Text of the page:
You will remember the moment, when Frankenstein’s monster utters the word “Friend?” It may be the single best line of dialogue in James Whale’s 1931 movie classic.
My bit of linguistic poking today isn’t about changing social attitudes or expanded horizons of understanding, but about the way the suffix -friendly is being asked to do so much work for us.
The compound noun+friendly has become a soft marker of empathy, or sensitivity, or acceptance. It isn’t about friends or friendship, but it seems to indicate that something you might be concerned about is also a concern of an organization, a space, or a business.
Being [something]-friendly has become a way of signaling that a particular group, otherwise potentially singled out for exclusion, will not be. It’s not the same as saying “Everybody’s welcome here.” But it’s become a pragmatic solution in our out-of-joint contemporary world.
The Cambridge Dictionaries Online nicely parse -friendly as “used at the end of words to mean ‘not harmful’” and “used at the end of words to mean ‘suitable for particular people to use’.”
The examples given are “ozone-friendly aerosols,” “dolphin-friendly tuna (=fish caught without harming dolphins),” and “a family-friendly restaurant.” In each case the modified noun is being described as purportedly having a positive view of the element before the hyphen.
One doesn’t have to be Ludwig Wittgenstein to see some problems with these explanations. “Dolphin-friendly tuna” might as well be the plucky nonconformist tuna helping their dolphin buddies in a sequel to Finding Nemo.
Socially minded critics of adspeak will remind us that an aerosol’s agency, much less its opinions, are pretty hard to figure out, and that the tuna has no view of the dolphin here, except in not being a dead tuna found in the presence of a dead dolphin.
The online Oxford English Dictionary’s definition 7c for the adjective friendly explains the suffix -friendly as meaning “likely to benefit or cause minimal harm to.”
You might sail the 7c’s, though, before discovering an explanation for a term I encountered last week at a Chicago restaurant, where the menu proudly declared it was gluten-friendly.
Was gluten welcome? I asked my server what the menu meant, and learned that many of the dishes had little gluten, so that persons desiring to limit their gluten intake could calculate accordingly.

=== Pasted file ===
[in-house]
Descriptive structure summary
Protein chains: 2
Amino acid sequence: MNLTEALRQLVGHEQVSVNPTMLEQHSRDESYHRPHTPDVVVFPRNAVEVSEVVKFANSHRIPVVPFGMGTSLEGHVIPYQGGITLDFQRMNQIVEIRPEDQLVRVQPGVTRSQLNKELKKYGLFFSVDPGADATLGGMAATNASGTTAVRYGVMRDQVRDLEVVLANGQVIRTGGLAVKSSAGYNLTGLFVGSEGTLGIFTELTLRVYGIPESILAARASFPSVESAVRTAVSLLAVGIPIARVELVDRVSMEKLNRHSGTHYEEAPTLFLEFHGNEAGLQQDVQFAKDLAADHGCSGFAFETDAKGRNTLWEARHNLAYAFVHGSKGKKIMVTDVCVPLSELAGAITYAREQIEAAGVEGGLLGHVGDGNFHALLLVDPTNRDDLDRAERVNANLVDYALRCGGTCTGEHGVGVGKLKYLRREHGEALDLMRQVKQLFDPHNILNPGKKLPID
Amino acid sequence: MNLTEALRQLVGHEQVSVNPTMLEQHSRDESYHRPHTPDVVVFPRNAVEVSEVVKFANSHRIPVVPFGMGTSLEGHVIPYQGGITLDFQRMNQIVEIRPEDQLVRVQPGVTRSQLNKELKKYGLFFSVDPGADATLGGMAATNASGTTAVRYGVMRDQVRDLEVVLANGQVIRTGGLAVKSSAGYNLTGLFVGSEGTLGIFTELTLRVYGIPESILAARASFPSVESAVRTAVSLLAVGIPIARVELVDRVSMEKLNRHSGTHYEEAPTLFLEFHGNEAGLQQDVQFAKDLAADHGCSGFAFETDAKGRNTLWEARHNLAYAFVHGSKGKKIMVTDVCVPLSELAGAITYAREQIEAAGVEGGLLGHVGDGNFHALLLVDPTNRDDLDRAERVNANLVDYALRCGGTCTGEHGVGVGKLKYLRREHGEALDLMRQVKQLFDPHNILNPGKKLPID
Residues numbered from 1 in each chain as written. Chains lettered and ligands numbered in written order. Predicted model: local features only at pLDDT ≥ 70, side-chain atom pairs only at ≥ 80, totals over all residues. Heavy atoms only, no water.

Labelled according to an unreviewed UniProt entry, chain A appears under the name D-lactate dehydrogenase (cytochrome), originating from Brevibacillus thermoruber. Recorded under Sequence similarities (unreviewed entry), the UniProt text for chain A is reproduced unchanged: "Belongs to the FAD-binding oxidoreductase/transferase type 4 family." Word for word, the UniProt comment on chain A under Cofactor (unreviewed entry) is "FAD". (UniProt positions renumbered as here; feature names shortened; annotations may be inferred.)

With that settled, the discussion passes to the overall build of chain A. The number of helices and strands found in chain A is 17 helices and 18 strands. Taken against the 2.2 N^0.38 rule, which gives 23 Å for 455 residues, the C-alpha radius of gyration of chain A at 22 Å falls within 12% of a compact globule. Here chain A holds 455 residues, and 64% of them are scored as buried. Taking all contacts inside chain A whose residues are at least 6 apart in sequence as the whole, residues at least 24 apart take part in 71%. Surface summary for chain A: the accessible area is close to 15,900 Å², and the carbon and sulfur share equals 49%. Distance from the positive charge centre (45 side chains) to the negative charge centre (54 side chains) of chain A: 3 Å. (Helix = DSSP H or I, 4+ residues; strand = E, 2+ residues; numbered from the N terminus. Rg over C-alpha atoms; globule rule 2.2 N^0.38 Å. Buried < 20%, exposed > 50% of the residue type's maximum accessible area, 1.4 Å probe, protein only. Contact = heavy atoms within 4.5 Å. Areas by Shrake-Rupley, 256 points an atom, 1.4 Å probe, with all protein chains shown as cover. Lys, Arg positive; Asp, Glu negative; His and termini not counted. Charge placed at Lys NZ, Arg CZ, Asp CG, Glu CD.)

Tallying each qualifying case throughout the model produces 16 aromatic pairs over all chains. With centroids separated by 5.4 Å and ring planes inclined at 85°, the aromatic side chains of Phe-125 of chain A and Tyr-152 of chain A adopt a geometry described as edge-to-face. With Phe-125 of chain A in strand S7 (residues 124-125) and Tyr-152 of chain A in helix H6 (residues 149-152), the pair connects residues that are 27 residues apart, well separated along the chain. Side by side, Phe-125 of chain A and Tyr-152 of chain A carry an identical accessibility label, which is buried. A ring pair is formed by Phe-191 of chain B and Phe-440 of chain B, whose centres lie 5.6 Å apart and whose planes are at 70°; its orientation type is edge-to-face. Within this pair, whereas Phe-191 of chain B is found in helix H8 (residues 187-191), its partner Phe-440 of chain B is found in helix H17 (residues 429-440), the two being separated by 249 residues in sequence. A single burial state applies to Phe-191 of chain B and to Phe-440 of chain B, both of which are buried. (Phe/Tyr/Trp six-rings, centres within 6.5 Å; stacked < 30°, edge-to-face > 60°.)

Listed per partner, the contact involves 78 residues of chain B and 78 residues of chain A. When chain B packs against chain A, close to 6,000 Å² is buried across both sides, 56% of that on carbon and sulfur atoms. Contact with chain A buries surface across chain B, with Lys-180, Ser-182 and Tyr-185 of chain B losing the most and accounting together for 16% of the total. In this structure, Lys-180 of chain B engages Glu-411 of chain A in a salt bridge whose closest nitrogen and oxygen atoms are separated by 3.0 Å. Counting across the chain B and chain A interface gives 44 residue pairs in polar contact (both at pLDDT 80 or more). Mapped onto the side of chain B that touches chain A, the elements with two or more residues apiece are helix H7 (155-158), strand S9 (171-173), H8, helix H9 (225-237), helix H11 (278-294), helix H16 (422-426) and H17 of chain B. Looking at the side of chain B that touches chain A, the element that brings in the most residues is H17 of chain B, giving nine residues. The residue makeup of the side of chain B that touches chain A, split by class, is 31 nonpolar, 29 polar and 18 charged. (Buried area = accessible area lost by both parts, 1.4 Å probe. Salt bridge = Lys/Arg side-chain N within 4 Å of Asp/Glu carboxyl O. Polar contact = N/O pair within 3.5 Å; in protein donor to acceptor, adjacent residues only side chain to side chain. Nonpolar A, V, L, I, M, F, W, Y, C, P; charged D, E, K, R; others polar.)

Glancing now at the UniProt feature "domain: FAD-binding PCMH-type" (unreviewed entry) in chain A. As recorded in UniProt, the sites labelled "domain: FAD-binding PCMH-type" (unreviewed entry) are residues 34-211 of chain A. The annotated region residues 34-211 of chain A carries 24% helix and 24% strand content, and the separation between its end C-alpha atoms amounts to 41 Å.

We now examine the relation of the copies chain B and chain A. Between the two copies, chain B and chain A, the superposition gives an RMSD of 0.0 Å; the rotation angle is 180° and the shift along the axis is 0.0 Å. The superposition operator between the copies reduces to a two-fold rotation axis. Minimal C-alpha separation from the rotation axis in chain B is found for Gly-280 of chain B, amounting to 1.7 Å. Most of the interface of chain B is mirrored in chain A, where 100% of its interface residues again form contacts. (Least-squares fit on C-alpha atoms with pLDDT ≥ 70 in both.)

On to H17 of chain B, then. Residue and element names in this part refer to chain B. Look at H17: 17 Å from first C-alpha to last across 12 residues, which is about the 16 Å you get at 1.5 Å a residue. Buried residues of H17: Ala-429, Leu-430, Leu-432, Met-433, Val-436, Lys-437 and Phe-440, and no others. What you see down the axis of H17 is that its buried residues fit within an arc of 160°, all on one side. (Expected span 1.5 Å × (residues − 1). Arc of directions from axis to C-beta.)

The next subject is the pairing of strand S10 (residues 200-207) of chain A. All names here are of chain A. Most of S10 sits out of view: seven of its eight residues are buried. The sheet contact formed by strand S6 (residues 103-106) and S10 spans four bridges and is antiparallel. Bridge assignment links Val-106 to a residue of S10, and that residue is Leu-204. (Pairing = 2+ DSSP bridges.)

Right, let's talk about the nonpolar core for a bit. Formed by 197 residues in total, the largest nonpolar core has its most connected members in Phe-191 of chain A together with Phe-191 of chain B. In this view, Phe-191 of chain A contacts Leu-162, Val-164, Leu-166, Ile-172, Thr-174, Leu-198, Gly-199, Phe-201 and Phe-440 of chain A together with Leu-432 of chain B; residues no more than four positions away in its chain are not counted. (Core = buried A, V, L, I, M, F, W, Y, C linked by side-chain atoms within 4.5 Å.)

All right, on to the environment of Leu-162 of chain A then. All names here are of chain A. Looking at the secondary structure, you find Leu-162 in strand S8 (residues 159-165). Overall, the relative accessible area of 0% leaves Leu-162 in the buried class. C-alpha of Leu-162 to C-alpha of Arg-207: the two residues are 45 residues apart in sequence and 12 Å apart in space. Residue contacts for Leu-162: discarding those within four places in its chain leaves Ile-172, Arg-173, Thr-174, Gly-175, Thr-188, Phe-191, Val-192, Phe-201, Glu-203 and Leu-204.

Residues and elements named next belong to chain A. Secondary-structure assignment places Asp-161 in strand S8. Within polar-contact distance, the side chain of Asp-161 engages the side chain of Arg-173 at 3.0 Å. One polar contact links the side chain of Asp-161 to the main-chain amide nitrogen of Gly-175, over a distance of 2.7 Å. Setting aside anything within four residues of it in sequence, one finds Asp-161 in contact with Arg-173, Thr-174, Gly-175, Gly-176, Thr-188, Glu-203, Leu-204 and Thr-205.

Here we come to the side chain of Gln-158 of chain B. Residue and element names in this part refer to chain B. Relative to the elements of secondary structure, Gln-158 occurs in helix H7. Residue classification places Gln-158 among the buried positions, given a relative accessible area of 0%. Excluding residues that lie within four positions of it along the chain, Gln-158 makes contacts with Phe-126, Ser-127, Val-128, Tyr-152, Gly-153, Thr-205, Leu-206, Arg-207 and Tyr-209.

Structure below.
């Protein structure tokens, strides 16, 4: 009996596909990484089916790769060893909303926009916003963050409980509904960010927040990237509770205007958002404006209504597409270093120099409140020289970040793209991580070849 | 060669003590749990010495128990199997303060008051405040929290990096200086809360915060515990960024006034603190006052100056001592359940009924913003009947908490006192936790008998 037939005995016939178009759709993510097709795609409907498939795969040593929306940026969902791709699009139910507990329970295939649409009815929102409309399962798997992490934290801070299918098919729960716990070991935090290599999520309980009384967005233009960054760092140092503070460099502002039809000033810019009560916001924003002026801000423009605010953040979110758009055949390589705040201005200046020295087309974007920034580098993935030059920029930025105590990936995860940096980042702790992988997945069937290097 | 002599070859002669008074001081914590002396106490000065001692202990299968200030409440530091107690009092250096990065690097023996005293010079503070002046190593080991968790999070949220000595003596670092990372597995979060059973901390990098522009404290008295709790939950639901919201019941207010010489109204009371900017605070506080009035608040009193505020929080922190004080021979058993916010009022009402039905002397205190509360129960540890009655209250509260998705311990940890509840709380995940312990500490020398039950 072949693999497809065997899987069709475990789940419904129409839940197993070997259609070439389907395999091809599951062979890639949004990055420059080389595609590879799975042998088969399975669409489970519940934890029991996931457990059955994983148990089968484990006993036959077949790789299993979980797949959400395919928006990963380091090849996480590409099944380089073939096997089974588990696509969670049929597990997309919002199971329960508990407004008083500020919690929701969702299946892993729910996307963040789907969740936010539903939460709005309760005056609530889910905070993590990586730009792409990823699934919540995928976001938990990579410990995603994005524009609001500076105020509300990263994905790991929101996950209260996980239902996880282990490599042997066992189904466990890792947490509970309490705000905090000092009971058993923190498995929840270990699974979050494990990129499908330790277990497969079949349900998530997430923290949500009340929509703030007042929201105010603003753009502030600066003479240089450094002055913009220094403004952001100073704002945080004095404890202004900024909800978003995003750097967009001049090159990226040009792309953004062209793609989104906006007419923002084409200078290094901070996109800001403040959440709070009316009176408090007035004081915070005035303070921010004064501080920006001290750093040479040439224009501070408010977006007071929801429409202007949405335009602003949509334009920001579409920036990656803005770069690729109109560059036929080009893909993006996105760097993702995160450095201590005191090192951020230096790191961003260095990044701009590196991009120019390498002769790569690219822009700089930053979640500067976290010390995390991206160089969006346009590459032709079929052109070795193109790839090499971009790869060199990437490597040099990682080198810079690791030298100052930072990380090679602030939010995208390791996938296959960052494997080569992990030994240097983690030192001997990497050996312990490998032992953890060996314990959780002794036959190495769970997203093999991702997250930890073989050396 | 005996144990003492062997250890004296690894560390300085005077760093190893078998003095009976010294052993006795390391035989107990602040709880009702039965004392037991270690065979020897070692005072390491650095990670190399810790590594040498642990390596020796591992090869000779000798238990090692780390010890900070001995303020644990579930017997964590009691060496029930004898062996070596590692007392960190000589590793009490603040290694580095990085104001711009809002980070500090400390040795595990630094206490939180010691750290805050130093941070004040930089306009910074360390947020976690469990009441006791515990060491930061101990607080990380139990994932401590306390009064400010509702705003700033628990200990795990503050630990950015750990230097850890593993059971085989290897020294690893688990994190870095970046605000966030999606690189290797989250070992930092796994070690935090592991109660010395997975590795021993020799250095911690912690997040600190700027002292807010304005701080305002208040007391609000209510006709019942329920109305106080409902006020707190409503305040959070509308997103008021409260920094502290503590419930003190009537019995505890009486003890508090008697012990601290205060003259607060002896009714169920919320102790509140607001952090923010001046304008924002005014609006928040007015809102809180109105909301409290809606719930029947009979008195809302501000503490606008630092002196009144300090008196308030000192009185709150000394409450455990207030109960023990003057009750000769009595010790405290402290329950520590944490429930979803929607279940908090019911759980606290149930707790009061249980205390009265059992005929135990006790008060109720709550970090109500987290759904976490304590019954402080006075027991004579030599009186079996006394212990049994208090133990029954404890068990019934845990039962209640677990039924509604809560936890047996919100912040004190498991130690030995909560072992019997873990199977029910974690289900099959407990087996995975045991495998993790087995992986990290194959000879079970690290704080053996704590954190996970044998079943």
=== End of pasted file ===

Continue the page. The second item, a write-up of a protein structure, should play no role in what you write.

Here -friendly meant something like “including in small doses the thing you probably don’t want.” (I thought of Monty Python’s rat restaurant where the waiter confesses that the one item that didn’t have rat in the title has only a little rat in it.)
It’s hard to measure friendship, qualitatively much less quantitatively. We think of friendship as an abstract noun — less torrid than passion, more textured than affiliation — and we don’t think of it as a relationship to be measured in degrees. A best friend is more than a good friend, though by how much is anybody’s guess.
Yet other linguistic friends of -friendly demonstrate that we’ve long cast about for language to mark degrees or qualities related to friendship.
For example, the OED cites sporadic appearances of the adverb friendlily, dating back to the 16th century. If you have a friend named Lily you might try slipping this word into conversation.
Tennyson concocted the delicious compound friendly-fiendly, which might be brought back into service more easily than friendlily. Friendly-fiendly would fit nicely into a wide range of contemporary relationships, from the personal to the political.
And while I’m in the Victorian era, those right-minded 19th centurions also invented the friendly lead, a term I’d never heard of before exploring the OED for this post.
A friendly lead isn’t a noncompetitive sales tip. It’s a fund raiser to help pay for funeral expenses.
Frankenstein’s monster, of course, has no friends. He’s hunted down and disappears in a conflagration, which is Latin for possible sequel.
But we’re all so earnestly, anxiously friendly now. We’d be nonjudgmentally monster-friendly.
If only we could be friends instead.
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